Saying nothing may look like a far less risky option.
They didn’t have a leg to stand on
Unless your boss is in the Klan, it’s probably pretty easy for him or her to denounce white nationalism, as many executives did in the wake of the August “Unite the Right” rally in Charlottesville, Virginia. But does your boss, or your company, have the same credibility when it comes to sexual-harassment issues?
According to a 2016 report of a US Equal Employment Opportunity Commission task force on workplace harassment, surveys consistently show that at least one in four American working women report having experienced sexual harassment in the workplace. When polled about their exposure to “gender harassment,” defined by the task force as “hostile behaviors that are devoid of sexual interest” (like sexist jokes, sexually crude name-calling, or openly displayed pornography), the percentage more than doubles (pdf, p. 9).
Senior managers will have a hard time assuring employees that there’s zero tolerance for sexual harassment if they or their team, or the board or HR, have ever turned a blind eye to it—or, worse, if they’ve ever engaged in it. Now, it’s true that executives have been known to say things that don’t align with their actions. But in the current environment, where women are perhaps starting to feel more emboldened about reporting allegations and naming names, it doesn’t seem like a particularly wise moment for managers with skeletons in their closets to draw extra attention to themselves on this issue.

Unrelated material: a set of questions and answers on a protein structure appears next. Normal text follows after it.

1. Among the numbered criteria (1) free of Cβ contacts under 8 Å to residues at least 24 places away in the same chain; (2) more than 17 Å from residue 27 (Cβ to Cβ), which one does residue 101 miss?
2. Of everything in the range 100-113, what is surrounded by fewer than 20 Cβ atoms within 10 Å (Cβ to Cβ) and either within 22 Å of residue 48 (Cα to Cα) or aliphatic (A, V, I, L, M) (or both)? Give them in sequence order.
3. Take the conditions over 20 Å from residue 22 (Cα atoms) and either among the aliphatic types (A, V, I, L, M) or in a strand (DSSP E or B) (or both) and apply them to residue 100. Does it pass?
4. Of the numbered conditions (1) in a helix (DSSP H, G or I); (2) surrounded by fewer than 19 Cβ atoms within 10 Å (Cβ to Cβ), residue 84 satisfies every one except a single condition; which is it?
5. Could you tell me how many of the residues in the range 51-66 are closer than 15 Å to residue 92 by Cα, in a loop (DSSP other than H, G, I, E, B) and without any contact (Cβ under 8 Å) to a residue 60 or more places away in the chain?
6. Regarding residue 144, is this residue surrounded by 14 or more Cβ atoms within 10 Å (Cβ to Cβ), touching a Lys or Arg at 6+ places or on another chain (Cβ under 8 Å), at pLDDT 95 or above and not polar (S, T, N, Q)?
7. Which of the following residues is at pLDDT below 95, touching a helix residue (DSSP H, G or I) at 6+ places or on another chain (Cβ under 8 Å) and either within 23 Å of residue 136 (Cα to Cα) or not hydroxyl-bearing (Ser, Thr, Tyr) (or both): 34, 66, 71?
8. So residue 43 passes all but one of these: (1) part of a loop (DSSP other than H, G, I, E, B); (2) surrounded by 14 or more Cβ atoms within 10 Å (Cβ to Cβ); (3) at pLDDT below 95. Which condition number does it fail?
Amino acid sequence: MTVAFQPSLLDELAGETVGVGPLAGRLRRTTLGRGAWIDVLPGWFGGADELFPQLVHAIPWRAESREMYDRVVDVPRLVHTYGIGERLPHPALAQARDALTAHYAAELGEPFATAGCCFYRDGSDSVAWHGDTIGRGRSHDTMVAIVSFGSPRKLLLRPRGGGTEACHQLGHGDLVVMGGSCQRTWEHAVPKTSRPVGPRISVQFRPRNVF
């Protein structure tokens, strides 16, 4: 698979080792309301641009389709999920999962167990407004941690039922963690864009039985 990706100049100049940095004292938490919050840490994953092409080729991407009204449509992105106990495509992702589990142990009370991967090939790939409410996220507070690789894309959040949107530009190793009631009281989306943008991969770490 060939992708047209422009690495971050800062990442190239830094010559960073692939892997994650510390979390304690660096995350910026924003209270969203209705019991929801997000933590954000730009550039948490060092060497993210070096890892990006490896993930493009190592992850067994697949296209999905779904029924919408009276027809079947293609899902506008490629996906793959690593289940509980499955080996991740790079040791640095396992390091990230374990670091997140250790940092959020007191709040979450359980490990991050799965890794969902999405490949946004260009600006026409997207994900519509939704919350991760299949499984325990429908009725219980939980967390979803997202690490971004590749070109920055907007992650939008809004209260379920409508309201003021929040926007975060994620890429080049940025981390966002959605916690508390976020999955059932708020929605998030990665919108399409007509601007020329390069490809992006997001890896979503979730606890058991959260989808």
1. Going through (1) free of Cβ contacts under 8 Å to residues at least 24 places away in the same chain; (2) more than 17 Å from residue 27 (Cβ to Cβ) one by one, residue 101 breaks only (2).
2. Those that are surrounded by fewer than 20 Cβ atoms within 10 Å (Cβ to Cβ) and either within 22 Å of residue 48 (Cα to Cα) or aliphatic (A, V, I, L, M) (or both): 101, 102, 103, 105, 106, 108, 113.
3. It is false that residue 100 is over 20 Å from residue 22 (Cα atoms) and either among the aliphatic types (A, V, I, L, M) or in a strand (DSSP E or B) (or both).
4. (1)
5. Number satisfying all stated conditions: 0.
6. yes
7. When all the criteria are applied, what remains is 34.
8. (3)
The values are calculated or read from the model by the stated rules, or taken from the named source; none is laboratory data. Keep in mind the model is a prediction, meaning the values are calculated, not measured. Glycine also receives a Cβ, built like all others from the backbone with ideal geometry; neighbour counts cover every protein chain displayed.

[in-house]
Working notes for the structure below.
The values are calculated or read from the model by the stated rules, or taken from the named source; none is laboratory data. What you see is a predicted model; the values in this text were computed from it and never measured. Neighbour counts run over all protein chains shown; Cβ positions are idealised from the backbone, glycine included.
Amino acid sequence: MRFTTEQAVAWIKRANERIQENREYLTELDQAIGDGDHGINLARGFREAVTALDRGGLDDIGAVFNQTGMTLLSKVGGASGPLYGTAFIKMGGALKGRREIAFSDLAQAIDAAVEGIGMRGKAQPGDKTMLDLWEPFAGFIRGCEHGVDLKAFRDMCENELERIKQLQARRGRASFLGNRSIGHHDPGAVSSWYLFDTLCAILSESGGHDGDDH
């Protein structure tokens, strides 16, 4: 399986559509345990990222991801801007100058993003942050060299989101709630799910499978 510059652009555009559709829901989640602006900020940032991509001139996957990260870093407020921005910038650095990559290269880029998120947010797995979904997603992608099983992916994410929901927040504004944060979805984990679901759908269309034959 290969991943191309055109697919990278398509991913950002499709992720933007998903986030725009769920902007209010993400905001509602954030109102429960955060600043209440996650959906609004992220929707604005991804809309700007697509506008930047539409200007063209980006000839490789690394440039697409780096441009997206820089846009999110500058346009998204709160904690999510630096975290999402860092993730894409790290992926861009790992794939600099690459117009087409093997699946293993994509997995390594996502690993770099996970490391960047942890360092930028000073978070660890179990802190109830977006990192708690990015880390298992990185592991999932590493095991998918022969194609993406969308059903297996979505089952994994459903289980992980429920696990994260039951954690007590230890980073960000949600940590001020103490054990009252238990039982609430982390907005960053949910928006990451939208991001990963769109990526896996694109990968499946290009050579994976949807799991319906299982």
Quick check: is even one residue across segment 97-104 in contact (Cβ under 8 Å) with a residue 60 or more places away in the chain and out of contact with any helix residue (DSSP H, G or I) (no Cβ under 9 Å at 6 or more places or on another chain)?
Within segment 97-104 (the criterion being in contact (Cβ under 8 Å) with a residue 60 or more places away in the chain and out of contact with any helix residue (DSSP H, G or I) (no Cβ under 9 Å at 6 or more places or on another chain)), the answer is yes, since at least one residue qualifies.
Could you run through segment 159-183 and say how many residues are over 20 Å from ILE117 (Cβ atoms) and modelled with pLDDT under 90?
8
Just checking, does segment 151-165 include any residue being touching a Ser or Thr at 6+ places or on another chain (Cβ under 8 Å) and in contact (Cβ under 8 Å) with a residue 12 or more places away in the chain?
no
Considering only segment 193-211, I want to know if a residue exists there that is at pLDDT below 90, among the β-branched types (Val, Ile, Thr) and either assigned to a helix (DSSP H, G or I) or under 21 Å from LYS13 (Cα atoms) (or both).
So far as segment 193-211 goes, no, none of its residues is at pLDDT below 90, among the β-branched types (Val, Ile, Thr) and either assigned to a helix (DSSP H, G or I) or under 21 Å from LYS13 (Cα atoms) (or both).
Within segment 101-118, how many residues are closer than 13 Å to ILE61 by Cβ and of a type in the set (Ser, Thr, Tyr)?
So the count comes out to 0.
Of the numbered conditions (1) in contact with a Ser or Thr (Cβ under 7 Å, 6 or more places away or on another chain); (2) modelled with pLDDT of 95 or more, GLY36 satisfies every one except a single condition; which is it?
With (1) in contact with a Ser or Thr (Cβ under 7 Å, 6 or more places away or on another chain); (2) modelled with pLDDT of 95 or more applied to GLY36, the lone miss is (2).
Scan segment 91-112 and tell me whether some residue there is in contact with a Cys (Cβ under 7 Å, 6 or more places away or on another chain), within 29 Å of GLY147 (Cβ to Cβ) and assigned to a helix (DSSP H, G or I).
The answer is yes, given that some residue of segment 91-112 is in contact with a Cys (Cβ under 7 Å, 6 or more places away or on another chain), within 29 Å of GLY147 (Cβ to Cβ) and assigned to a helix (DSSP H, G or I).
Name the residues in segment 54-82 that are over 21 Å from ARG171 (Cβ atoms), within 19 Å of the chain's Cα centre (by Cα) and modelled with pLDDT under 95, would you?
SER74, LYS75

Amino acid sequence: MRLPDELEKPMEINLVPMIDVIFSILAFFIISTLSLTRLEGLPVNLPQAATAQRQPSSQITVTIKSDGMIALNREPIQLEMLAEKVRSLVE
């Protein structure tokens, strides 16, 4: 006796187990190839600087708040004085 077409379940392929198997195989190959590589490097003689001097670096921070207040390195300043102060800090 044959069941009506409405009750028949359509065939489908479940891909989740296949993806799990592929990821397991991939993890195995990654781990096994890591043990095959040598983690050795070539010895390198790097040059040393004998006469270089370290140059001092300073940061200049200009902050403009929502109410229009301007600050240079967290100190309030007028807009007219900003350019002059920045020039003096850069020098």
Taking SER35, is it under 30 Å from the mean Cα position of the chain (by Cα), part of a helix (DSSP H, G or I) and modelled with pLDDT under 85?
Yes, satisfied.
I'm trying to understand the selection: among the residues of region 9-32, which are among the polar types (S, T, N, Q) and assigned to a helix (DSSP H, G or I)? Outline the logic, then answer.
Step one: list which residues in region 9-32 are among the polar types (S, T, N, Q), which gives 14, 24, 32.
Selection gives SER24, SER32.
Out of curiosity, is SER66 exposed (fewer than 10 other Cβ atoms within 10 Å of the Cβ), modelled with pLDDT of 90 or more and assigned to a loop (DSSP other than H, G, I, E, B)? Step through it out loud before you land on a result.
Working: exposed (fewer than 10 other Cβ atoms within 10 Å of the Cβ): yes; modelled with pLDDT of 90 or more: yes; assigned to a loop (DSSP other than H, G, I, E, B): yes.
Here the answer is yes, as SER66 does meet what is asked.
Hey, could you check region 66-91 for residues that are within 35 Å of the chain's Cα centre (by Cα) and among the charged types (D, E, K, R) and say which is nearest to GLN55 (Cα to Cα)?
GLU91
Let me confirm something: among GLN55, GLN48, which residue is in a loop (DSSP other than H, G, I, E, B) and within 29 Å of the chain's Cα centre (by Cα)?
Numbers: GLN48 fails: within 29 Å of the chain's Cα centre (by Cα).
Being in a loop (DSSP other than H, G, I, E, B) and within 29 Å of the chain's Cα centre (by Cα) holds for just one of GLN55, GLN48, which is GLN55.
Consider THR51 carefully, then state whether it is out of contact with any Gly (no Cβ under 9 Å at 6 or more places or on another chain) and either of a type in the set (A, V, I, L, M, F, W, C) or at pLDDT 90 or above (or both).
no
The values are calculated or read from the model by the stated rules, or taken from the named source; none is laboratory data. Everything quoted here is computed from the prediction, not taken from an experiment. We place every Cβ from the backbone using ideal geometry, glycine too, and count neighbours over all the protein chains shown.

They just haven’t addressed it yet
On Thursday of this week, I started asking friends and acquaintances if their bosses had addressed #MeToo and its implications—or, if they were bosses themselves, whether they had addressed the issue with their teams. I wasn’t looking for data; my sample size would be way too small for that. I just wanted to air out my thesis a bit, and see what it kicked up.
One friend, a tech company leader, said he’d been “blown away by the #MeToo threads” but hadn’t thought to use them as the starting point for a discussion at his firm—until now.
For some employees, waiting for days on end for a response to something as big as #MeToo might seem intolerable. But it makes sense to give leaders some leeway to process their thoughts and plan out how to communicate them. This is a response that, if they’re going to give, they need to get right.
They’re just not up for it
Of course, the decision to stay nothing isn’t exactly indefensible. Most companies don’t want to be in the business of crisis management, particularly when the crisis isn’t of their own making, and especially when it doesn’t pose a direct threat to the bottom line. And anyway, why open management up to criticism for its handling of topics as sensitive as sexual harassment and the stories of #MeToo?
On the other hand, what kind of credibility will today’s activist companies have when they speak out against any number of social injustices around the world that align with their missions, if they won’t speak out against an injustice that’s largely occurring in the workplace itself?